In contrast to other sub-regions in Latin America, Central America and the Caribbean, with its close geographical and economic ties with the United States, is benefitting from the gradual recovery of the U.S. economy as well as from the fall in oil prices. Falling commodities prices led to some divergence in the terms of trade of some economies within the region, especially between oil exporters and oil importers. Declining prices for oil, metals, as well as agricultural goods worsened the terms of trade for commodities exporters, but improved the terms of trade of commodities importers. The region as a whole, however, benefited from lower oil prices as Central America and the Caribbean is a net importer of hydrocarbons. On balance, the region’s current account deficit is expected to improve from 2.4% of GDP in 2014 to 1.3% of GDP in 2015 and remain relatively stable at 1.5% of GDP in 2016.
Economic growth in Central America and the Caribbean performed relatively well in 2015. Following a mild deceleration in the second quarter, the region’s economy picked up pace in the third. According to FocusEconomics Consensus Forecast, the economy of Central America and the Caribbean is expected to have increased 3.1% year-on-year in Q3, which came in above the 2.8% expansion registered in Q2.
The economic outlook for the region remains stable and Central America and the Caribbean is expected to continue benefiting from the gradual recovery in the U.S. economy. Following an expected 3.0% expansion
in 2015, analysts participating in this month’s FocusEconomics Consensus Forecasts see the region’s GDP increasing 3.2% in 2016. This month’s forecast matched the previous month’s projection. At this rate, growth in Central America and the Caribbean will be faster than in Latin America as a whole, which is expected to expand only a timid 0.6% next year.
Looking at the countries in the region, the outlook for 2016 was revised down for Haiti, Honduras, Panama, Jamaica and Trinidad and Tobago. Forecasters left their GDP growth projections unchanged for the rest of the economies surveyed, with the exception of the Dominican Republic, whose GDP growth forecast was revised up. In 2016, Panama is projected to be the region’s fastest-growing economy with an estimated 6.3% expansion. The Dominican Republic remains close behind with a projected 5.1% growth rate. Puerto Rico will be the worst performer as its economy is foreseen contracting by 0.7%.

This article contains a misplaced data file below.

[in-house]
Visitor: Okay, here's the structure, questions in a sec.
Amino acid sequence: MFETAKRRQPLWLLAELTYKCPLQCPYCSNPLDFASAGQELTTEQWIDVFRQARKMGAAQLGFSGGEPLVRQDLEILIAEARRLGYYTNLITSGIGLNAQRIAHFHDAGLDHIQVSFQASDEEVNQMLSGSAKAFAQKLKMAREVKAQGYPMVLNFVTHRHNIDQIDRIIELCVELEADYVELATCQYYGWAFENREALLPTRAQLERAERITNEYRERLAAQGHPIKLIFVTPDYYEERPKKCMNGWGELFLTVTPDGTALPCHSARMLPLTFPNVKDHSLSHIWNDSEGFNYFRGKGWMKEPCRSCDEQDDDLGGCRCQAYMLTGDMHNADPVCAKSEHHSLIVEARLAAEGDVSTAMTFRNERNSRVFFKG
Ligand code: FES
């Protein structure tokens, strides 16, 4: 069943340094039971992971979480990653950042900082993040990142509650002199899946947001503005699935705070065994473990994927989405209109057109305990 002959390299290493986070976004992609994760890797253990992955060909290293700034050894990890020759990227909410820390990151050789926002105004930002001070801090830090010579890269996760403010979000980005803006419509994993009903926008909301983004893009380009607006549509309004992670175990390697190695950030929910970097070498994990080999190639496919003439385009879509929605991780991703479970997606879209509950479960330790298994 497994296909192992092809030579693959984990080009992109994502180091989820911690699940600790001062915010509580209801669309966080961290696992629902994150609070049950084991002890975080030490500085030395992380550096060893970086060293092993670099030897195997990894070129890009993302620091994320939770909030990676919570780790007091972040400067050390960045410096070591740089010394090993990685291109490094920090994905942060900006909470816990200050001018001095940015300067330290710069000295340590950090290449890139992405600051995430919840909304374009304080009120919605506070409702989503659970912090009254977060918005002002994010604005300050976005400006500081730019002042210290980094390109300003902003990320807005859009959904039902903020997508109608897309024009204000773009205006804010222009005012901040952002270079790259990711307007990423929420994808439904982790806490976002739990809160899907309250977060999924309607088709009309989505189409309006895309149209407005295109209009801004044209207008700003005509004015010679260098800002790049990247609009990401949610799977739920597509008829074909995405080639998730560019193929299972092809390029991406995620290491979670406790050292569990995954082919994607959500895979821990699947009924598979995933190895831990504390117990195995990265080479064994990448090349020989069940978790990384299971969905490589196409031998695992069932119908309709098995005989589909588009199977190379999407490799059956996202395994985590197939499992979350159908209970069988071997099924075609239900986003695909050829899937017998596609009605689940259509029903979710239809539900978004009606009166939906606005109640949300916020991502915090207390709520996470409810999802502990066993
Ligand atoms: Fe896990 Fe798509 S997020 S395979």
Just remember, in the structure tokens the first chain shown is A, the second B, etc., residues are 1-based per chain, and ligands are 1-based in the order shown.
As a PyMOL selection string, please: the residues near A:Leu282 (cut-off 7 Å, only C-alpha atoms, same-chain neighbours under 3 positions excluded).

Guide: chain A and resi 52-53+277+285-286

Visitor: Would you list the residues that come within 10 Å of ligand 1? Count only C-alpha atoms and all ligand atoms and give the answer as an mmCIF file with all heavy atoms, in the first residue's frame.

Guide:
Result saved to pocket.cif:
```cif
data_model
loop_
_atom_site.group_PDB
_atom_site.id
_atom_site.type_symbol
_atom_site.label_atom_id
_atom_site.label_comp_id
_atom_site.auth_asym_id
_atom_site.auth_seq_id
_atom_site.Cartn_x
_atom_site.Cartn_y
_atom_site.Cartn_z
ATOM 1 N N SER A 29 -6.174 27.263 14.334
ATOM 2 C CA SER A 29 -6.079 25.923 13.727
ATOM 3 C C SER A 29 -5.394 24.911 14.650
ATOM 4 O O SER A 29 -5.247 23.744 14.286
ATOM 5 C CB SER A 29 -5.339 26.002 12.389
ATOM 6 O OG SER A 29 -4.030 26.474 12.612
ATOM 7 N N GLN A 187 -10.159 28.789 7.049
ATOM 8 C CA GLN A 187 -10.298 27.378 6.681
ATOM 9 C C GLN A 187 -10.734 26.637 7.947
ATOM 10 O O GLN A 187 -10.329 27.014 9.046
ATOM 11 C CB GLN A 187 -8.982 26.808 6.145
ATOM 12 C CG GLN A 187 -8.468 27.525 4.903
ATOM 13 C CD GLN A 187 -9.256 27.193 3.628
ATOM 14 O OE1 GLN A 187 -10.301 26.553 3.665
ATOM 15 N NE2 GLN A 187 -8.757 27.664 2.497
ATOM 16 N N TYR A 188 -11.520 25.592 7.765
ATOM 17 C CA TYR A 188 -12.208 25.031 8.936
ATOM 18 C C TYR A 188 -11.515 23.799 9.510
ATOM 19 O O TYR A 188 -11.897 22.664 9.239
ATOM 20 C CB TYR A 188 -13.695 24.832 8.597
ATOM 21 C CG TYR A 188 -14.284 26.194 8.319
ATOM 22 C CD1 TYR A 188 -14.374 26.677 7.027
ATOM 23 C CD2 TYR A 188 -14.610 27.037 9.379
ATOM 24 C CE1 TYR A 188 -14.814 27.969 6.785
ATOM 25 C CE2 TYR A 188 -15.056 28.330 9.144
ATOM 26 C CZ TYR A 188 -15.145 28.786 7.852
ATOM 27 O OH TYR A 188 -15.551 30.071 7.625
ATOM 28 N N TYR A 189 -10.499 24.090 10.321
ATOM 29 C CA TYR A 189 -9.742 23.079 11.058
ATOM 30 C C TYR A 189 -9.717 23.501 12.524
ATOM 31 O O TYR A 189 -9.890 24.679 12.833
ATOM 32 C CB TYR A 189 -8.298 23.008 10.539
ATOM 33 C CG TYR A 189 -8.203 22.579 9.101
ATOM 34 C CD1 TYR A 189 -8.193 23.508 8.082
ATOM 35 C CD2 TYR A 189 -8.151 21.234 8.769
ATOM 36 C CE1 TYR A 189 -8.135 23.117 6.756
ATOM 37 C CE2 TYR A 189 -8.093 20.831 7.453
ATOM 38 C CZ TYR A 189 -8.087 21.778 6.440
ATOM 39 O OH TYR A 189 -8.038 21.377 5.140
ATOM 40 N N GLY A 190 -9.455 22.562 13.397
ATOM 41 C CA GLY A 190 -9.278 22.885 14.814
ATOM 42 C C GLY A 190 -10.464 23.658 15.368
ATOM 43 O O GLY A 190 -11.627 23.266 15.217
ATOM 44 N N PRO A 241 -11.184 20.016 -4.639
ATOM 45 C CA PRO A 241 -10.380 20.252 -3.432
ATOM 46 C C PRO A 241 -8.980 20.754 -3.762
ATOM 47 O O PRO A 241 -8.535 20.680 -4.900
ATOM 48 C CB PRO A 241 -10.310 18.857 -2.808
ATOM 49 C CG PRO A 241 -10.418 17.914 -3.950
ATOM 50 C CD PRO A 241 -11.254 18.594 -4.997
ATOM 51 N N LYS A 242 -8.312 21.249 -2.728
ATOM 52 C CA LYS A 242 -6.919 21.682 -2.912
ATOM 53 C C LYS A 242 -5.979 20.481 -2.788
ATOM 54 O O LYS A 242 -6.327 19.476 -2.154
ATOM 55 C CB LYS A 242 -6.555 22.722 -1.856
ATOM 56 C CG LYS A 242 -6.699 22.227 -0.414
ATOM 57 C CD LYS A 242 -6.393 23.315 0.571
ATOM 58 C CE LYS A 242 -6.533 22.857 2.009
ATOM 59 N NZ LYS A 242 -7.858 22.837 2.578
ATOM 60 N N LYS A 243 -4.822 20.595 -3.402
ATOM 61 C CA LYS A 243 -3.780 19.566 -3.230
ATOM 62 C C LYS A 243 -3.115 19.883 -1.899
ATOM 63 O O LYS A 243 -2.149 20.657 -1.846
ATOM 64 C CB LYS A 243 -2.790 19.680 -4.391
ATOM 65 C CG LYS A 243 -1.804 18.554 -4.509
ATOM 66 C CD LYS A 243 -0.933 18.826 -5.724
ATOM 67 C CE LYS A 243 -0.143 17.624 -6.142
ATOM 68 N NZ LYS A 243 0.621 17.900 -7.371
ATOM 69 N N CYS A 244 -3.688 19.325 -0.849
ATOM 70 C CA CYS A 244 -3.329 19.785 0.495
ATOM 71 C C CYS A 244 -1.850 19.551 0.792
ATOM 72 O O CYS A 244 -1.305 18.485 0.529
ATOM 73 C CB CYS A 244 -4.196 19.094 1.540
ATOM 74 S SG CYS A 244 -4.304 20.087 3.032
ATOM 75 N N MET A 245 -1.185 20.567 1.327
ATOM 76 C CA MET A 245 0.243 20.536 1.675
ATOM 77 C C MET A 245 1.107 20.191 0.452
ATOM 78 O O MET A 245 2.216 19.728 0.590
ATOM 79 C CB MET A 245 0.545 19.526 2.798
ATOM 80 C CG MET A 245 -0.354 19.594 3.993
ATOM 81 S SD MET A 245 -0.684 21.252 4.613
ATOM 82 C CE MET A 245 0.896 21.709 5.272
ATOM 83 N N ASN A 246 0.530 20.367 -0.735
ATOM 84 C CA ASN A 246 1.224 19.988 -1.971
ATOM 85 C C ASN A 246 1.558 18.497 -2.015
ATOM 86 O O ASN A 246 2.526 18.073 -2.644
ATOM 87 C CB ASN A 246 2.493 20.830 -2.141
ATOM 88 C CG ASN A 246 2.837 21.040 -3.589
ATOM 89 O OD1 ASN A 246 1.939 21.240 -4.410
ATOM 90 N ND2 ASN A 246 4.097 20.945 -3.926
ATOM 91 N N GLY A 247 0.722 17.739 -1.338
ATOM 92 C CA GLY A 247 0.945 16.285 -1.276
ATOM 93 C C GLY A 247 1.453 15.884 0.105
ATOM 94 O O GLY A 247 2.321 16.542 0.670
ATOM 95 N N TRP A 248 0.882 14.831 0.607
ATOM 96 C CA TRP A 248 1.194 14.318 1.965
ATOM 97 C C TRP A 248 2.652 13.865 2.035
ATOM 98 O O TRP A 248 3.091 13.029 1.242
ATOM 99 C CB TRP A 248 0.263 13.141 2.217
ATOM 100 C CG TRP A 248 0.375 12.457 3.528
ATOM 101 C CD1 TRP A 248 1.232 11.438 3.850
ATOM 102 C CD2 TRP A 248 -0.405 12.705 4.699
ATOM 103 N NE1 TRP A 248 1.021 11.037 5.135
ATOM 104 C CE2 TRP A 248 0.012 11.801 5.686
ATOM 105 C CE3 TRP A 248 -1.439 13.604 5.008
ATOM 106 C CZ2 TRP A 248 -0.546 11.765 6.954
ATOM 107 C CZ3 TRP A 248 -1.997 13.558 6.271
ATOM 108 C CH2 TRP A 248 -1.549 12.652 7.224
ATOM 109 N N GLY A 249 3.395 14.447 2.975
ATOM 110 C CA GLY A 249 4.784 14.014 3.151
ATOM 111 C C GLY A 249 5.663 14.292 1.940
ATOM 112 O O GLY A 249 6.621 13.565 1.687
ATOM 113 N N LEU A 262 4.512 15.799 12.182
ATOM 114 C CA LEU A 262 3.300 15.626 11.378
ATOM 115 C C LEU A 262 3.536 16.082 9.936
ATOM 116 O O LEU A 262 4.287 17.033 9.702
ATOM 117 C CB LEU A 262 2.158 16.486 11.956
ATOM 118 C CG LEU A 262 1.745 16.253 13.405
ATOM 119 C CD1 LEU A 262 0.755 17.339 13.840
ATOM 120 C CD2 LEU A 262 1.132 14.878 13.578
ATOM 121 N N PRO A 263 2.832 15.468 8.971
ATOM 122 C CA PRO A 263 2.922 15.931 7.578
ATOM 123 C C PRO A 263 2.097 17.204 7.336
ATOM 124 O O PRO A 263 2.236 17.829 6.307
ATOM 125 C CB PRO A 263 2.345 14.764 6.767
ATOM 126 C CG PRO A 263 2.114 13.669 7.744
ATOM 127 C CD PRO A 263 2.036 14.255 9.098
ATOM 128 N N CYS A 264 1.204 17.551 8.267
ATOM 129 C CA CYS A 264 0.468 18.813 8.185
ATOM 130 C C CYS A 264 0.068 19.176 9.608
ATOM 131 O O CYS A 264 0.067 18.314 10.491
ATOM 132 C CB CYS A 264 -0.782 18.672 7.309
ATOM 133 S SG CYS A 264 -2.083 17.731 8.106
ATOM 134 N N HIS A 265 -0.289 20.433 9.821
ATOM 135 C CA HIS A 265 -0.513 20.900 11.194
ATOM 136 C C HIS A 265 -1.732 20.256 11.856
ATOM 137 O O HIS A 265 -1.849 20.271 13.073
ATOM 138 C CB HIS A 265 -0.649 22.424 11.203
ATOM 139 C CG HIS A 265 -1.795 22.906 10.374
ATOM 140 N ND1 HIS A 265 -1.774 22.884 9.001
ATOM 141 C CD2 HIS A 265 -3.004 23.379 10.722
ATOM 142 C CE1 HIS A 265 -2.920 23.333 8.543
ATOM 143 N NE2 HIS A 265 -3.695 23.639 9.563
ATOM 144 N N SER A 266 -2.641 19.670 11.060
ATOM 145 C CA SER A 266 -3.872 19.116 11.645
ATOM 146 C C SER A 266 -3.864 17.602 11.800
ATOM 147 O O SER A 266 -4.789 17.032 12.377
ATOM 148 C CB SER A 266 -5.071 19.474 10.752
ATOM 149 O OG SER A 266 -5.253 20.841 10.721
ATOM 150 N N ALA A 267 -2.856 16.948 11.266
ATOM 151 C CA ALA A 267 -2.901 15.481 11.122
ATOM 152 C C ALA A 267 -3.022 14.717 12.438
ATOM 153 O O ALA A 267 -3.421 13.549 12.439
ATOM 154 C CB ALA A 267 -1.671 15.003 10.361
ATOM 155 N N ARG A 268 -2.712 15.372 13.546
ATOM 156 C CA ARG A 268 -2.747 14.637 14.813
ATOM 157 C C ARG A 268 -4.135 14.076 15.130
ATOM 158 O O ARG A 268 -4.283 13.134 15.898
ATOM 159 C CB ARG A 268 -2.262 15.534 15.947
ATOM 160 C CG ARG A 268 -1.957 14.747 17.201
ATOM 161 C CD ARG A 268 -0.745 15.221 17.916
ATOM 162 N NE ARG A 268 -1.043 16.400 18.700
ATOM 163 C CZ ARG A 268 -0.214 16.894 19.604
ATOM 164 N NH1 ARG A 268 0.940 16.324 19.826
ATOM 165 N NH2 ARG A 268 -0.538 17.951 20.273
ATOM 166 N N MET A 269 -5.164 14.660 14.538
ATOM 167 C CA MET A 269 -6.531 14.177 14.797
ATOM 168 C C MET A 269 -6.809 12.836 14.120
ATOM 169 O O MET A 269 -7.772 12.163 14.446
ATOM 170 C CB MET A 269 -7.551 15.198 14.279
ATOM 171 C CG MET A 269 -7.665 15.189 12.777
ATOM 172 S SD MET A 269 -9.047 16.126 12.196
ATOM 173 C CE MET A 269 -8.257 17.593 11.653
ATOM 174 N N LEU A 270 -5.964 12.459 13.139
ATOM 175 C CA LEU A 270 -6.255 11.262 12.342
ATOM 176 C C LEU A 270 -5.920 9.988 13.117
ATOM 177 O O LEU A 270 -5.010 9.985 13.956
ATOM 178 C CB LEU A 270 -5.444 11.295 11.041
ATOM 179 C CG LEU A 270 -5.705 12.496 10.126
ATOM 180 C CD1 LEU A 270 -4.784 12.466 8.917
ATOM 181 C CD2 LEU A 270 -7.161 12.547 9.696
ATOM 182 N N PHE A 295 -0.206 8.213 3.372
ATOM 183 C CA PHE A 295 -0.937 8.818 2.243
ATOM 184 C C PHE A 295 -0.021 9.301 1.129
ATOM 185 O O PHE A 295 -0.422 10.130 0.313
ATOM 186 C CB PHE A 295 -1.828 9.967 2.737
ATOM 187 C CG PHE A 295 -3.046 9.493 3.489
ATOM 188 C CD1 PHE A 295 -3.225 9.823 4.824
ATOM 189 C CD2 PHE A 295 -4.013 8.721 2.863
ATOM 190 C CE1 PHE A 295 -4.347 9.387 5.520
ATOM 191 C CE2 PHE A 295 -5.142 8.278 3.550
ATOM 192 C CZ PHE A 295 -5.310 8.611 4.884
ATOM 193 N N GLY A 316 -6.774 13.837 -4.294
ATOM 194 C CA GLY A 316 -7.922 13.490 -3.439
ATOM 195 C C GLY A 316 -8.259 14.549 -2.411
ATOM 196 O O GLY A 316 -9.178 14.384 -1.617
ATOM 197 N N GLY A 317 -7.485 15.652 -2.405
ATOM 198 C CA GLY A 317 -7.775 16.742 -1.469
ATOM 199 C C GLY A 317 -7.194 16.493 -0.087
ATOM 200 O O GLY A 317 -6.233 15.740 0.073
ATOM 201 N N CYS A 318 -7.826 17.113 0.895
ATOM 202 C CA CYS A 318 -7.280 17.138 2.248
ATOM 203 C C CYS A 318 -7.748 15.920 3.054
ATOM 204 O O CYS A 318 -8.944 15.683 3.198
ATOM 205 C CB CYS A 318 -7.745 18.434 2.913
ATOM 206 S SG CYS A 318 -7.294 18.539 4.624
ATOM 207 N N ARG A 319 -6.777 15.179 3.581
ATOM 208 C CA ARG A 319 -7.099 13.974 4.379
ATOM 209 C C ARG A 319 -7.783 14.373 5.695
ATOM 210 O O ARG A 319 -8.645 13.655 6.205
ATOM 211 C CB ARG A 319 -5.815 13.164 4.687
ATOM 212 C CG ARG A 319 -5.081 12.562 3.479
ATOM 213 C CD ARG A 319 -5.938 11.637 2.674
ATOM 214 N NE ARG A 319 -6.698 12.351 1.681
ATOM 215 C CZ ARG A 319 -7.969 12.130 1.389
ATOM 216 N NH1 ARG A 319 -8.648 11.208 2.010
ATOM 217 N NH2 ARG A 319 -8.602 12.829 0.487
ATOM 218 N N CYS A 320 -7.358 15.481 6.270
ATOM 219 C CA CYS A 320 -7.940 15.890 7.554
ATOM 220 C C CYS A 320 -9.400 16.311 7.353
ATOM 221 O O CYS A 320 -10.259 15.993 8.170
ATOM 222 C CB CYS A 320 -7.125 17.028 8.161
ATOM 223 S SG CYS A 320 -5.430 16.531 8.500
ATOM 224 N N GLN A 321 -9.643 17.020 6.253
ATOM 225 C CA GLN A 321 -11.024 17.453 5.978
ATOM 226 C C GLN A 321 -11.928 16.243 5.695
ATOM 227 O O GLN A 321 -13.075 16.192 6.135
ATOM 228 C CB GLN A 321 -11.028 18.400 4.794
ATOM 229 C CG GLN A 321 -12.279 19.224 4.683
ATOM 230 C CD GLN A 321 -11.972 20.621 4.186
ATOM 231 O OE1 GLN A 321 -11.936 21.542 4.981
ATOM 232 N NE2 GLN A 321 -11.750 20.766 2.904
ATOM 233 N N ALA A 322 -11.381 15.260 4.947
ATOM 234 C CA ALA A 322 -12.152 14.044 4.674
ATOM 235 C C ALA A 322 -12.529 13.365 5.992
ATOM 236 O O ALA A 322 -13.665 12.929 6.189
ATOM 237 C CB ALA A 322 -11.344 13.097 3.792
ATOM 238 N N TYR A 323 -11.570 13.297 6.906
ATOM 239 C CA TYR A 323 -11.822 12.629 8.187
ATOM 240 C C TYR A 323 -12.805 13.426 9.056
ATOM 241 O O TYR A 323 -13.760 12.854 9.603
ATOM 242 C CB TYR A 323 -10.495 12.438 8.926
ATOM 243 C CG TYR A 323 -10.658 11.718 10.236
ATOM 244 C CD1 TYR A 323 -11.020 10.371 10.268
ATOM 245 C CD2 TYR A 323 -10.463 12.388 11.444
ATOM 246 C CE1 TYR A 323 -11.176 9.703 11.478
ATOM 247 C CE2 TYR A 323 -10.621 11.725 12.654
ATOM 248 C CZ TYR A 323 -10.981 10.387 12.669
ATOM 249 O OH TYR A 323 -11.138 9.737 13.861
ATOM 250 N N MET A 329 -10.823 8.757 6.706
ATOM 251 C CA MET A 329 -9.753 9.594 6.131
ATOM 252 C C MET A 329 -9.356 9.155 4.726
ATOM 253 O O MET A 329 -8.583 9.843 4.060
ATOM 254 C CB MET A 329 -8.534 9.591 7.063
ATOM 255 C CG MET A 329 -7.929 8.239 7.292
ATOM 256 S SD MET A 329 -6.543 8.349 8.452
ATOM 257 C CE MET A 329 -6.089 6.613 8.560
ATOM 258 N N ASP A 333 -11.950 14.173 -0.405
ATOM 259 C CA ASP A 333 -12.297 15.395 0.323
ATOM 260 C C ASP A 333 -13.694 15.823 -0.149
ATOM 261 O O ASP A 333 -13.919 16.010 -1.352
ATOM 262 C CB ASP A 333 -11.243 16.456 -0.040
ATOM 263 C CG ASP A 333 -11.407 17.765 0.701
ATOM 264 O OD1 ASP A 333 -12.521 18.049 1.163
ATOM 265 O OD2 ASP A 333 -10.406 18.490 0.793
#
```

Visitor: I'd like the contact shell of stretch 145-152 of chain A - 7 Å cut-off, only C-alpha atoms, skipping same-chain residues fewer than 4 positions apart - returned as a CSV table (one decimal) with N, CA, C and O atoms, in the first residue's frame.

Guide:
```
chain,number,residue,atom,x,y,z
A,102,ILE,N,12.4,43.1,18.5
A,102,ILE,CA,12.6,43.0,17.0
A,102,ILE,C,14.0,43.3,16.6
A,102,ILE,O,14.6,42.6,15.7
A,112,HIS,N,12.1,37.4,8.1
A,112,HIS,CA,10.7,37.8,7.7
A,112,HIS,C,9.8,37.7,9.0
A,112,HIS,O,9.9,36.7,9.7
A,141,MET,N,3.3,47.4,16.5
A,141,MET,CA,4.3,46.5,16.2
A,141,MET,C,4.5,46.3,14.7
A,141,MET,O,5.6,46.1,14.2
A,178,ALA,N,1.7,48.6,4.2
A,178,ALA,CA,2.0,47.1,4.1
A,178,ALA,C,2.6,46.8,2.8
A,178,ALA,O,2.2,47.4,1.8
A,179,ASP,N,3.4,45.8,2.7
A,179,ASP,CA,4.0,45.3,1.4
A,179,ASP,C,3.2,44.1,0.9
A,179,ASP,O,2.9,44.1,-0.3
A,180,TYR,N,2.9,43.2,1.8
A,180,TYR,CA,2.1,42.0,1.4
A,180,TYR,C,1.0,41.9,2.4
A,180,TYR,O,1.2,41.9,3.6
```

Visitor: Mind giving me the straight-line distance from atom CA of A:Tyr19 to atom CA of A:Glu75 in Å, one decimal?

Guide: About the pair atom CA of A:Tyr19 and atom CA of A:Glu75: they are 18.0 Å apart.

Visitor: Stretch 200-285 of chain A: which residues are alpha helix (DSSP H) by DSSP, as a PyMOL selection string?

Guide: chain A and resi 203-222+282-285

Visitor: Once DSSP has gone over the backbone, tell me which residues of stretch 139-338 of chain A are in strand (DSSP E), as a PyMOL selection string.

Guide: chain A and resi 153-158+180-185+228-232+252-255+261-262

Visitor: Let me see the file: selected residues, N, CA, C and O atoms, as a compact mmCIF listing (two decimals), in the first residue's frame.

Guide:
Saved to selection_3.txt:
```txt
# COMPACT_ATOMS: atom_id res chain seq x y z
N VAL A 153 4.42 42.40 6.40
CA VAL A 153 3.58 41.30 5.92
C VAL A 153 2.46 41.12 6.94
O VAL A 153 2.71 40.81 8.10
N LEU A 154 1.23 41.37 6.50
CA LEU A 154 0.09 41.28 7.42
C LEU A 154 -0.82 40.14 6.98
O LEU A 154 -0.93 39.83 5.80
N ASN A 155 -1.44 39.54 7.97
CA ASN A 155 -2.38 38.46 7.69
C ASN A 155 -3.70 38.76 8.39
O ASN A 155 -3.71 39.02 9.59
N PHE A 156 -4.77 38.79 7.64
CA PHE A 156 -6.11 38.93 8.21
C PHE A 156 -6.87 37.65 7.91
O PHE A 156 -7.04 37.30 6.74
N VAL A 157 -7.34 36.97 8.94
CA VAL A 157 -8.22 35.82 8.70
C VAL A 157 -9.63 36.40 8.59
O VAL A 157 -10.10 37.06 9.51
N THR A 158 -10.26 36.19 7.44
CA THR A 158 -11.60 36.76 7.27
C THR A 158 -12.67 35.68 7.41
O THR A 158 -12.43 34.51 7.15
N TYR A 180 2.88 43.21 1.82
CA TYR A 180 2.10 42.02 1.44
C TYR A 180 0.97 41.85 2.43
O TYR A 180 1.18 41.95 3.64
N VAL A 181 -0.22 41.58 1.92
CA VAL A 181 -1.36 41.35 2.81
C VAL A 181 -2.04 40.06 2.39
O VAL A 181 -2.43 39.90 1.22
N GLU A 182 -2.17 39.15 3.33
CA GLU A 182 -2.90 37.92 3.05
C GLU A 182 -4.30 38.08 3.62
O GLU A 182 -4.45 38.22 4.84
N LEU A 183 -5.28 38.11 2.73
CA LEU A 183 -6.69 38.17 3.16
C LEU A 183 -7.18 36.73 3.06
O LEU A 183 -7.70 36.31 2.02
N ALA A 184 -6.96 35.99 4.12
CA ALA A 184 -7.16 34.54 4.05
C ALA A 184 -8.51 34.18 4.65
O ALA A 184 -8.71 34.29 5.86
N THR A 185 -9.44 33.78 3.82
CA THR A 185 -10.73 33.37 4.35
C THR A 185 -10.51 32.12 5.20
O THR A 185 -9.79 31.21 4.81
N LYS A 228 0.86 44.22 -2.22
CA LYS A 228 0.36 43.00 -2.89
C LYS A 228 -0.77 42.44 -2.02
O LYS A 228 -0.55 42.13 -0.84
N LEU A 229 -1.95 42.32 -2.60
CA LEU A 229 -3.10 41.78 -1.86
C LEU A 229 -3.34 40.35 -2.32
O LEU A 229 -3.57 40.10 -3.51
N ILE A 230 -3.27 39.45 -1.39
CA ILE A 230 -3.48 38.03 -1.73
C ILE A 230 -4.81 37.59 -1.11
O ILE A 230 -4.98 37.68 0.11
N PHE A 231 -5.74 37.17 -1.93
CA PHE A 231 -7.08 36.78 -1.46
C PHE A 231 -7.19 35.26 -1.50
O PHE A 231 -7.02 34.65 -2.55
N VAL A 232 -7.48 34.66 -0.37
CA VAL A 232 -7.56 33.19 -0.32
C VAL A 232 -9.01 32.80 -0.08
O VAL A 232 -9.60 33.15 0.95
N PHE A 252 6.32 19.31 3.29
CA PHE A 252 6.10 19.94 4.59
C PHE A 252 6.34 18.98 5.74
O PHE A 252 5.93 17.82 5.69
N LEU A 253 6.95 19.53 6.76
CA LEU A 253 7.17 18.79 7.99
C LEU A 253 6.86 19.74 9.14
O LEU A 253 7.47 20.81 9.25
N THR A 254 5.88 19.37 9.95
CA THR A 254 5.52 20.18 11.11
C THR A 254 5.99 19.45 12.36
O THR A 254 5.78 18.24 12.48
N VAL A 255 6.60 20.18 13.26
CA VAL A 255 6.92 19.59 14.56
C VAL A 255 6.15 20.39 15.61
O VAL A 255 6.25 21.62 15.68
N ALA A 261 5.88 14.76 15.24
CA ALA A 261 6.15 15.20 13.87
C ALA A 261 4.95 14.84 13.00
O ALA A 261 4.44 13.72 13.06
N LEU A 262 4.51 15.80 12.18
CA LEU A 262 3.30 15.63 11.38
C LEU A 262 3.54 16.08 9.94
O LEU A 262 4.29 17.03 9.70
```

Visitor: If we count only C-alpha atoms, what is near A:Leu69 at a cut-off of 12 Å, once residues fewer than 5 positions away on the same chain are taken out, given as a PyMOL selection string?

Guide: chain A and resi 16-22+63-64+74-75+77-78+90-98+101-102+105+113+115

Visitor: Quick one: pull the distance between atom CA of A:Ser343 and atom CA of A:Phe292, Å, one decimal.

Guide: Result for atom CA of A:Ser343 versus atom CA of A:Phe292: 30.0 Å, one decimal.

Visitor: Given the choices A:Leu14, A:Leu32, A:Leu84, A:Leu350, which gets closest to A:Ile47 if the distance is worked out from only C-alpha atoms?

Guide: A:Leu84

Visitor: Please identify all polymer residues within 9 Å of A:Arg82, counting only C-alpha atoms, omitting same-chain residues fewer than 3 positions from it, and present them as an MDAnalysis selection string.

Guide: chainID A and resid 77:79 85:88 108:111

Inflation remains subdued. Inflation outlook continues to moderate. Inflationary pressures in Central America and the Caribbean are expected to remain contained for the remainder of 2015. A FocusEconomics estimate showed that inflation in the region rose from 1.9% in September to 2.1% in October. Inflation has hovered around 2.0% in the last three months and is foreseen to moderate at the end of the year.
Forecasters polled by FocusEconomics this month expect inflation to end this year at 1.8%. As low oil prices continue to dampen consumer prices, analysts cut the region’s inflation projection by 0.4 percentage points over the previous month’s projection. For 2016, panelists see inflation rising gradually and reaching 2.8% at the end of year. The 2016 inflation forecast was cut from last month’s 3.1% projection and reflected lower inflation projections for six of the twelve economies surveyed, including sizeable cuts in Costa Rica, Panama and Puerto Rico. Inflation forecasts for Belize, Honduras, Nicaragua and Jamaica were left unchanged, while projections for Guatemala and Haiti were raised compared to the previous month.
Reviewed by: Gyanchand Rayman